Civil Litigation: Experts

Adili v. Homes of Distinction Inc., et al., 2022 ONCA 64 (40116)
The Applicants (the “Adilis”) hired the Respondents (the “builder”) to renovate their home. The relationship between the parties broke down, and the Adilis hired other contractors to complete the renovation and to rectify alleged deficiencies. The builder commenced a construction lien action to recover from the Adilis a balance claimed as owing. The Adilis denied liability and counterclaimed, alleging incomplete and deficient work. The trial judge found the Adilis liable to the builder for most of the amount claimed, and dismissed the Adilis’ counterclaim. In coming to these conclusions, the trial judge preferred the evidence of the builder’s expert as opposed to the Adilis’ expert. The Ont. C.A. dismissed the Adilis’ appeal, having found no palpable and overriding error in the trial judge’s treatment of the expert evidence. It held the trial judge provided cogent reasons for why he discounted the evidence of the Adilis’ expert, and these were credibility and reliability findings to which deference is owed on appeal. “The motion for an extension of time to serve the application for leave to appeal is granted. The application for leave to appeal…is dismissed with costs.”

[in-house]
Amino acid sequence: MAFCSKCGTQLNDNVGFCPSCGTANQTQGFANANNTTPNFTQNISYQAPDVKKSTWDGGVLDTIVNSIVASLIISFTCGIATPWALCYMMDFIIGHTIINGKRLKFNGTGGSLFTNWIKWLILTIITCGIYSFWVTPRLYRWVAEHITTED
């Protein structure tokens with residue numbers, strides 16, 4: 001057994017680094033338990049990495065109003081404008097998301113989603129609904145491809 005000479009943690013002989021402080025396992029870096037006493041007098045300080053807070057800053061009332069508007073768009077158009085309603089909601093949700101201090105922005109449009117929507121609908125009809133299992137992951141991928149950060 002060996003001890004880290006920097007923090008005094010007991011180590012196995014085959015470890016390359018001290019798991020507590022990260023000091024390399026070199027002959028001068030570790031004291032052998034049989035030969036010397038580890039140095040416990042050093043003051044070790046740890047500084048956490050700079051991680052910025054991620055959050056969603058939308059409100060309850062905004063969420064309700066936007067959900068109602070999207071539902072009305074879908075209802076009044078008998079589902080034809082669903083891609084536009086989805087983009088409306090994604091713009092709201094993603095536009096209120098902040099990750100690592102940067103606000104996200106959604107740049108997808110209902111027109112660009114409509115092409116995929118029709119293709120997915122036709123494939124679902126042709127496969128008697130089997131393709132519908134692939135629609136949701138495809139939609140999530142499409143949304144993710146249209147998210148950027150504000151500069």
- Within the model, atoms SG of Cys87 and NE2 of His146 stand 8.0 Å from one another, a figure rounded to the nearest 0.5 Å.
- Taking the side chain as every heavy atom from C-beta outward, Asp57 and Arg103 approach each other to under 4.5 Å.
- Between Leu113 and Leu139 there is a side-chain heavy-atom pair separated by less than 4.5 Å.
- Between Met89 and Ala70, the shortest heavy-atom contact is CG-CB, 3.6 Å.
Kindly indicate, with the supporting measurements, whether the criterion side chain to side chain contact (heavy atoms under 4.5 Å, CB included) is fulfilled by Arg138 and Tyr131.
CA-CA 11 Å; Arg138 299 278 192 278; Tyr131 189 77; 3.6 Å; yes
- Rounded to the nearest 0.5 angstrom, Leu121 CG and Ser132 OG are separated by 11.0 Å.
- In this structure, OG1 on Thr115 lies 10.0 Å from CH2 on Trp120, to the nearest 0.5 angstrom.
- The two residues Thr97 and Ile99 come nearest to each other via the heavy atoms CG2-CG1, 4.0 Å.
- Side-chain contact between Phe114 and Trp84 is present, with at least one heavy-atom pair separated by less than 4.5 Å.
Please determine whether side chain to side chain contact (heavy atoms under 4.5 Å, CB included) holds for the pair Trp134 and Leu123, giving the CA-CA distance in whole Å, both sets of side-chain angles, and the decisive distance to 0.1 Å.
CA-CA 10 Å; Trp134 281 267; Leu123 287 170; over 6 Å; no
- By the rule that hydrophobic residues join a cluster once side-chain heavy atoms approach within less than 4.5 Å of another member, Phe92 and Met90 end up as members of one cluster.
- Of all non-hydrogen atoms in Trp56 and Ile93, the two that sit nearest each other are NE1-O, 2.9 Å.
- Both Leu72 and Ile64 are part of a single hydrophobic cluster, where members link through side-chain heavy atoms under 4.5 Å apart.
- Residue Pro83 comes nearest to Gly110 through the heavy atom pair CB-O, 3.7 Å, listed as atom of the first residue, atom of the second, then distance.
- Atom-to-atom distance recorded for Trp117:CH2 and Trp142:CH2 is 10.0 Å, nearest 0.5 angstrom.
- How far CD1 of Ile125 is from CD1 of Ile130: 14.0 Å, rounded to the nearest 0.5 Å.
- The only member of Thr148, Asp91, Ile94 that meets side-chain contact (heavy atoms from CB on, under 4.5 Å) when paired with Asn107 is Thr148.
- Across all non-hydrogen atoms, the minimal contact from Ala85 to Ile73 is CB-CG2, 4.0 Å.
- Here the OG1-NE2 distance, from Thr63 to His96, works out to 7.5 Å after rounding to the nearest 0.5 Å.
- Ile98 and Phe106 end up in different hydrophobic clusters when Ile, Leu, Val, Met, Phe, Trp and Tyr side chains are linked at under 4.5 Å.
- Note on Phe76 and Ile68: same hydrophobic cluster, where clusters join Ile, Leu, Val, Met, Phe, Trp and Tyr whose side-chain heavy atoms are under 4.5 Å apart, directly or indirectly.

Civil Litigation: Stays

Davidoff, et al. v. Goerz, et al., 2022 ONCA 18 (40125)
The Applicants brought a motion to a single Justice of the Ont. C.A. seeking a stay of enforcement of prior orders. By Order dated August 19, 2021, Associate Chief Justice Fairburn dismissed the stay motion. The Ont. C.A. dismissed the appeal. “The motion for an extension of time to serve and file the application for leave to appeal is granted. The application for leave to appeal…is dismissed with costs.”

Contracts: Disclosure; Misrepresentation

AM Gold Inc. v. Kaizen Discovery Inc., 2022 BCCA 21 (40111)